04-08-2010, 06:26 PM
Ok been doing some reading about lug torque specs
Ive read that 12MM thread 6-lug should be between 70-80 ft. lbs.
I just installed my new wheels using a torque wrench
Crazy thing is when I'm at 50 ft. lbs. the lugs feel really tight
Like if I were to try and take the torque up to 60 I would really have to put some major pressure on the torque wrench to get it to click at 60 ft. lbs.
Is this normal
Why does 50 ft. lbs. seem perfect for my new wheels but every thing I read says between 70-80
This is for my new Fuel-Off-Road Hostage wheels 18 x 9 6-139.7lug 12mm thread
Thanks for any info...
04-08-2010, 08:18 PM
gotta ask the first question what type of torque wrench?
a clicker or one with the arm that shows how much the bar bent and the point shows the pounds? and is the torque wrench calibrated????
a cheap one or what?
cheap ones can get you in trouble
04-08-2010, 11:31 PM
Make sure the stud and lug nut threads are clean and dry. DO NOT lube them, as it will change the required torque to obtain the same level of tightness.
04-09-2010, 07:43 AM
76 ft lbs is the correct amount, and if you are using a quality wrench with a handle about 18 to 20 inches long you will think that is not enough even though you get the click. A decent wrench will start at about $90 bucks and go on up. Paid $120 for mine, its range is 50 to 250.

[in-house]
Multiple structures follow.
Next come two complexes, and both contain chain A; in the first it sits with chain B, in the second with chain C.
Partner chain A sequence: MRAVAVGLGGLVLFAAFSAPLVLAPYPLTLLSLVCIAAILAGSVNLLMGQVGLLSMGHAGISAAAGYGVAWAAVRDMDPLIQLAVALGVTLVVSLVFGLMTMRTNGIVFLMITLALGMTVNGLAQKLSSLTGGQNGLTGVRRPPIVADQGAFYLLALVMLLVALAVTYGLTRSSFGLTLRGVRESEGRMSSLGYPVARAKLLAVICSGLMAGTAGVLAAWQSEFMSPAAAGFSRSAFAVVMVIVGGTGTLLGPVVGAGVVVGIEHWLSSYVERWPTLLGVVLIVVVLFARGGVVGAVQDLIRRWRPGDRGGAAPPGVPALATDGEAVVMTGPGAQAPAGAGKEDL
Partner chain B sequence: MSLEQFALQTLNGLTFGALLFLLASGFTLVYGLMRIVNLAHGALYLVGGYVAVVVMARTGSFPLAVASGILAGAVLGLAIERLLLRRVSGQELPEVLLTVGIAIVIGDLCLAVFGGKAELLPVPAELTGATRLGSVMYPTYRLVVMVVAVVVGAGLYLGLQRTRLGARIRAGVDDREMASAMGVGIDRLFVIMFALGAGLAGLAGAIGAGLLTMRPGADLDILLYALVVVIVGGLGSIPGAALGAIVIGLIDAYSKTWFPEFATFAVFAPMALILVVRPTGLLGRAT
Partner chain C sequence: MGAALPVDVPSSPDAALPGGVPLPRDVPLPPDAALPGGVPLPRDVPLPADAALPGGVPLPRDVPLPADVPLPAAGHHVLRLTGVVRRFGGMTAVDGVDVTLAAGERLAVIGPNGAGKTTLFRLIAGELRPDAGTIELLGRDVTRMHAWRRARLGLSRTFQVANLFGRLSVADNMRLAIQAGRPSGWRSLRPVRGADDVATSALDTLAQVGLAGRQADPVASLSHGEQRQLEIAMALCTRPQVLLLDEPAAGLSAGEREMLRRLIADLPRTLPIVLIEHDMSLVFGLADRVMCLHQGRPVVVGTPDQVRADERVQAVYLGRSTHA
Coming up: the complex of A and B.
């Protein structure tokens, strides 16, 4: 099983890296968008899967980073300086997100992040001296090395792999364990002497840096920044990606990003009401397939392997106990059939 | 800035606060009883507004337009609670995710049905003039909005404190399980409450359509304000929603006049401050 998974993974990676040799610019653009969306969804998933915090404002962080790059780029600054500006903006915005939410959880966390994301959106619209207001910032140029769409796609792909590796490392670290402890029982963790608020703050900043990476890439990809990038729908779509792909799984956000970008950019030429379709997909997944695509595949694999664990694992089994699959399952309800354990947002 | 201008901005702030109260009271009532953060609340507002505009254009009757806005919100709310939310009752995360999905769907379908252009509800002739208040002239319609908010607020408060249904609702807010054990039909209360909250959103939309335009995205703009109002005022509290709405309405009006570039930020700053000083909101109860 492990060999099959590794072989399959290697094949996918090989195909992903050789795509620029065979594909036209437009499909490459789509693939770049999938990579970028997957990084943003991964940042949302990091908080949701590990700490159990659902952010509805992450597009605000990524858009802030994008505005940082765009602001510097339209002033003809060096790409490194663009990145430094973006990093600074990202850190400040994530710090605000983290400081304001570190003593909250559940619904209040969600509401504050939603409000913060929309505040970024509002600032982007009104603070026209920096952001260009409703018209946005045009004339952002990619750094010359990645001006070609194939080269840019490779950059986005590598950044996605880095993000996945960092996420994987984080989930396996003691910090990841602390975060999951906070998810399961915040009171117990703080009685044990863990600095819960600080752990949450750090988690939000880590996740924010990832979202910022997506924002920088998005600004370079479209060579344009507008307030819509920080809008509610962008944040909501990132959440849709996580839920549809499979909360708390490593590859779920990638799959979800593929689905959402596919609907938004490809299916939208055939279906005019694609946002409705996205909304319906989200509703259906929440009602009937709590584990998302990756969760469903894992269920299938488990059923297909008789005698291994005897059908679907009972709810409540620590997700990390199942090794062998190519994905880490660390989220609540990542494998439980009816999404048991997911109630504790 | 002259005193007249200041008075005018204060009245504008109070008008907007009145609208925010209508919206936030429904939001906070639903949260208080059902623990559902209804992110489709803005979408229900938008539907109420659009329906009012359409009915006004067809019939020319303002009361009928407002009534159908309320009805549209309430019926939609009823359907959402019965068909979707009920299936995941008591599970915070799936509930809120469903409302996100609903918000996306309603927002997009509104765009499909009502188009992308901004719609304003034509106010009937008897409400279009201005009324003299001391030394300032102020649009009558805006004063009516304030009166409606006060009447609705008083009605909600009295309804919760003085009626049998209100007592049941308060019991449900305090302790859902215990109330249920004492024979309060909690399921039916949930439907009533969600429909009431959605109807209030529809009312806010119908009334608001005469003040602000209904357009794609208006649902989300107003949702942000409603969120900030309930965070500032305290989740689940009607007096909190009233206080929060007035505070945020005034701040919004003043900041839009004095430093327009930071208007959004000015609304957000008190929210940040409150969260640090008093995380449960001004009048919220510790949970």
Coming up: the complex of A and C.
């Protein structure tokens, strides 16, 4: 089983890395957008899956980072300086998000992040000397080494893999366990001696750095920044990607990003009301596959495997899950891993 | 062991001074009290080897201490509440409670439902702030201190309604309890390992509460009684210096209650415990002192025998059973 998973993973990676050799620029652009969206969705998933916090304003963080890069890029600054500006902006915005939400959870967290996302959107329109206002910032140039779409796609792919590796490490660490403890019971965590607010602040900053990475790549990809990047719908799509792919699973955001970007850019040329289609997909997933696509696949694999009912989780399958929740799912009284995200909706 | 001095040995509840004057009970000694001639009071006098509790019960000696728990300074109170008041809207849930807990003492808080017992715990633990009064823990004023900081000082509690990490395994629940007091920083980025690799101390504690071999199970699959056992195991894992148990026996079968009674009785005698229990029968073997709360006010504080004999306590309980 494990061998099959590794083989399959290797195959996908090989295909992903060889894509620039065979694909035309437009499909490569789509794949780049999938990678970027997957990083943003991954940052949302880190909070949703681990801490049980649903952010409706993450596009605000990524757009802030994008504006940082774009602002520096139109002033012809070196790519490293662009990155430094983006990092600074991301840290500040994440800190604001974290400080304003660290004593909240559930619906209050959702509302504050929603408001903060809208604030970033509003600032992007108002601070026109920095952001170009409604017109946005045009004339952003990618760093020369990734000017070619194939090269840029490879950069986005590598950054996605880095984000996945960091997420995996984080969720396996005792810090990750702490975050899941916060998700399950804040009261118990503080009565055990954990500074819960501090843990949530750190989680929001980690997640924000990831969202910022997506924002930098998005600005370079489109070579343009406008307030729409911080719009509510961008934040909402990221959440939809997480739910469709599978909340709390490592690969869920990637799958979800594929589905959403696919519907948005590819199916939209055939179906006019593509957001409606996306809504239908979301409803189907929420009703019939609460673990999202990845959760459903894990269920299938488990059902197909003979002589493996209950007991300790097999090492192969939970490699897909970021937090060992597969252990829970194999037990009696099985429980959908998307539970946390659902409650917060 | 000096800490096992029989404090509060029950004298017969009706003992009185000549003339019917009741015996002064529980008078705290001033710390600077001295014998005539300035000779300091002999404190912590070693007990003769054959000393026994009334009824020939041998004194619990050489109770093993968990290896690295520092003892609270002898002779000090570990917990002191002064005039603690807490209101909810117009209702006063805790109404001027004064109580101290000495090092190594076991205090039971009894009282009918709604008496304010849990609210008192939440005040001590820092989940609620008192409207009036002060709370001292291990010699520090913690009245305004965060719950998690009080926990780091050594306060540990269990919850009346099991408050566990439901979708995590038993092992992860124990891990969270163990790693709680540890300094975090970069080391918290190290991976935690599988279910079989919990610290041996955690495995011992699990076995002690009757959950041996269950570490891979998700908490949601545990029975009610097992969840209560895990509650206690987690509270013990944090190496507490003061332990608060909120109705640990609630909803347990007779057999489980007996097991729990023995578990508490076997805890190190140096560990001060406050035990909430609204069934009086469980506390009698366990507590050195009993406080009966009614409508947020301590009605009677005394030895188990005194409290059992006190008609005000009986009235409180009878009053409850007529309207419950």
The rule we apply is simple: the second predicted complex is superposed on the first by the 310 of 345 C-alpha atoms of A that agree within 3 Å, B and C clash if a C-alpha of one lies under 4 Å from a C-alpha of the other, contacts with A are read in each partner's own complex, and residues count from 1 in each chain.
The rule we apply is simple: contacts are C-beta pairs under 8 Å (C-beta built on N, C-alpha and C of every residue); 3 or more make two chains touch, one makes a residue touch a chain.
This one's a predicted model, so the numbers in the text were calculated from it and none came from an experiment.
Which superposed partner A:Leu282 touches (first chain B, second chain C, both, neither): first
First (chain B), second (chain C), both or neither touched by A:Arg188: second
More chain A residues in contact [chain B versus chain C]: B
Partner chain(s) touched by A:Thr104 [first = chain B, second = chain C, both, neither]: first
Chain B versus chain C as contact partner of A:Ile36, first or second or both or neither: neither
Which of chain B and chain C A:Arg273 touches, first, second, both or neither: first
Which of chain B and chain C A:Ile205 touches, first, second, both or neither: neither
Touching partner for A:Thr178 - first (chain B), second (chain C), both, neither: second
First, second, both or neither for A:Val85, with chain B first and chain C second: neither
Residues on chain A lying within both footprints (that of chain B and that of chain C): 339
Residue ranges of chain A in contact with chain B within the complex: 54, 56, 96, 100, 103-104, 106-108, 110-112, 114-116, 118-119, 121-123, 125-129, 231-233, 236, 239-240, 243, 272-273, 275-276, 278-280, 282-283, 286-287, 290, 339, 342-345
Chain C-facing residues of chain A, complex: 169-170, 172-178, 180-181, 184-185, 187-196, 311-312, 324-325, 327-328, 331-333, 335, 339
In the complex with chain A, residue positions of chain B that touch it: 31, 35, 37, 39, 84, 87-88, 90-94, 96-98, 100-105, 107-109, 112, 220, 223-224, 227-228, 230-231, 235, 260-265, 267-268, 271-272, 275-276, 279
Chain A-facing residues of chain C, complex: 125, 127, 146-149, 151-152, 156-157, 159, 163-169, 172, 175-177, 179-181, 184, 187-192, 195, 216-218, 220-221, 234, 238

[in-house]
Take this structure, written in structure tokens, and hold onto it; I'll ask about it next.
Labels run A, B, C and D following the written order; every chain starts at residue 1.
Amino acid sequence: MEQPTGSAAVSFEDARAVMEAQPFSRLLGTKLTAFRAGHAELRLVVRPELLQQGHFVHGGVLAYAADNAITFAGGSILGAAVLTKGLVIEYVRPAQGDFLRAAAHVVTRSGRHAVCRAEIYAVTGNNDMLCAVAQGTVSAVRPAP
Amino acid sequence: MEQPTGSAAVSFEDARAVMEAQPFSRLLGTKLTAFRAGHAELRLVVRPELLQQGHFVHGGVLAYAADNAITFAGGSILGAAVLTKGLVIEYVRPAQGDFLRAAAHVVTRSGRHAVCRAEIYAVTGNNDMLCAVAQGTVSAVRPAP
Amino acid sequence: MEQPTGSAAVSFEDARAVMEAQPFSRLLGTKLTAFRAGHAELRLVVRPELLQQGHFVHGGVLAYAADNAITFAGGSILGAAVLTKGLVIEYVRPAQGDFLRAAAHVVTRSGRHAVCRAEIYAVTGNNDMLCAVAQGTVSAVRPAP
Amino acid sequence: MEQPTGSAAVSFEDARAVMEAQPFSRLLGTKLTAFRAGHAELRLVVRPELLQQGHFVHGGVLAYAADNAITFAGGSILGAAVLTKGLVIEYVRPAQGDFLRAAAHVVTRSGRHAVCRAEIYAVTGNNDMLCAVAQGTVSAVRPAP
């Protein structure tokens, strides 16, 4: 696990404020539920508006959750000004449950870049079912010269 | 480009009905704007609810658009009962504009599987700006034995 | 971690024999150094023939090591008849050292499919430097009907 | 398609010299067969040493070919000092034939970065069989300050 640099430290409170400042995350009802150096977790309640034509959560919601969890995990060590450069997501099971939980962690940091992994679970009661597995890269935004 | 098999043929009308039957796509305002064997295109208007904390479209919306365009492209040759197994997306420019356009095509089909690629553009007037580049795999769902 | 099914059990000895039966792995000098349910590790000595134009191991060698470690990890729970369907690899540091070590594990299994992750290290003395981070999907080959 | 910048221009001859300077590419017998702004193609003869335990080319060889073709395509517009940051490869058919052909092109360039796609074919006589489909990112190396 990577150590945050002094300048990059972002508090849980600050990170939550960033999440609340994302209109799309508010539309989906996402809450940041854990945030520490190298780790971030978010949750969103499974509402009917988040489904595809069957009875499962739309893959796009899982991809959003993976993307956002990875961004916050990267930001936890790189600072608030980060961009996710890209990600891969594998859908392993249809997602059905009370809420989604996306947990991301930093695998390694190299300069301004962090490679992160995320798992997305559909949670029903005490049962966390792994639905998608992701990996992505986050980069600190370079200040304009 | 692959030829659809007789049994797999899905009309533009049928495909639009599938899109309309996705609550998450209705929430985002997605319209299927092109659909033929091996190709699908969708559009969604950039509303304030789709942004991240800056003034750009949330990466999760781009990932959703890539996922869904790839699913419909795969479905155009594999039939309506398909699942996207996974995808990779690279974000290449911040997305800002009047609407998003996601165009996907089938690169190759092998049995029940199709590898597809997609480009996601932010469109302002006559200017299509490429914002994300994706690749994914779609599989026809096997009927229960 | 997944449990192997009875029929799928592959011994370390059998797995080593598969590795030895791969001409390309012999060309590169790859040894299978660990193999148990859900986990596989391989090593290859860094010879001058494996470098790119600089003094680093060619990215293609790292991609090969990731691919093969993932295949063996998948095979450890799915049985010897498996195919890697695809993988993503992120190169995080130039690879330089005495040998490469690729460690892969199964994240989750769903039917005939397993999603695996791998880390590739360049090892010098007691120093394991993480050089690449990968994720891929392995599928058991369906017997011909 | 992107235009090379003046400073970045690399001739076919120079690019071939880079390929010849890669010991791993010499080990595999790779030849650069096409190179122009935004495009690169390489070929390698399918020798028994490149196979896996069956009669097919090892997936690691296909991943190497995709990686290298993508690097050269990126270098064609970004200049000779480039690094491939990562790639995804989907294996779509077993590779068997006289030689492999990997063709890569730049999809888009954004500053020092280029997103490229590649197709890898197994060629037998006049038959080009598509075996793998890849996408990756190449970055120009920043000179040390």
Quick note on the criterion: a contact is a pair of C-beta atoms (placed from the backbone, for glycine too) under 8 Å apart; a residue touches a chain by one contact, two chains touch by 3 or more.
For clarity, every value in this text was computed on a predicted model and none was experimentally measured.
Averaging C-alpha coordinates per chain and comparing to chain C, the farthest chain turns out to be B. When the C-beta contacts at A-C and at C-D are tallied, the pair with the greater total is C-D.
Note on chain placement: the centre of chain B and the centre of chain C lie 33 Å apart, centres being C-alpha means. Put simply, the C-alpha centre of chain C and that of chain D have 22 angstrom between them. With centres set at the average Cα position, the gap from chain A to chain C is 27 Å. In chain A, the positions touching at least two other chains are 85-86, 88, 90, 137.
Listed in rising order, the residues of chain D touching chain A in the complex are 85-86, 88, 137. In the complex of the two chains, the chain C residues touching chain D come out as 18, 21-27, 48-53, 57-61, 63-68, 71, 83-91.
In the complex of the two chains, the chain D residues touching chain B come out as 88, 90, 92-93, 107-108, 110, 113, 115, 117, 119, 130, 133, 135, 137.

In the manual it says 85 ftlbs, which IS correct. A little grease is good for the treads, it wont change anything except that the lug nut wont get frozen on.
04-19-2010, 06:46 AM
I believe my manual calls for 83 lb/ft.... it's not quite rocket science though, no harm done if you're off just a bit. Extra points for consistency and tightening in a cross pattern.
It's true that lubing the threads will change the torque reading, but I still use a very small amount of anti-seize.... nothing else. It will help prevent rust or corrosion from rearing its ugly head.
04-19-2010, 08:14 AM
Alloy Rims take a different torque than steel rims and would call the manufacturer of the rims before i messed one up and any kinda lubricant will change the torque on a lug nut! Not saying it's wrong to use it only you should know how to compensate for it when you use it! Also any type of torque wrench is better than those stupid air ratchets that torque to 300 ft Lbs + and the morons that use them! My dealer uses those things and i suppose they have tweaked a bunch of peoples lug nuts and probably have had to replace a few but one thing is for sure that much torque can't be helping an Alloy wheel either!
Wheel Tech - Wheel Lug Torquing (http://www.tirerack.com/wheels/tech/techpage.jsp?techid=107)
This calculator should explain what the differencesw in torque will actually be!
just click on the calculator and it will figure the torque for you!
04-19-2010, 09:54 AM
The manual for my 07 states 76 and I have been driving it for three years this way. You overtorque and you will have problems. Maybe they changed something on the 08, but everything else seems identical. Mine are the alloy rims that come with the SR-5, TRD Off Road verizion.
04-19-2010, 04:42 PM
Yes there is a diff. in "wet" & "dry" torque!!!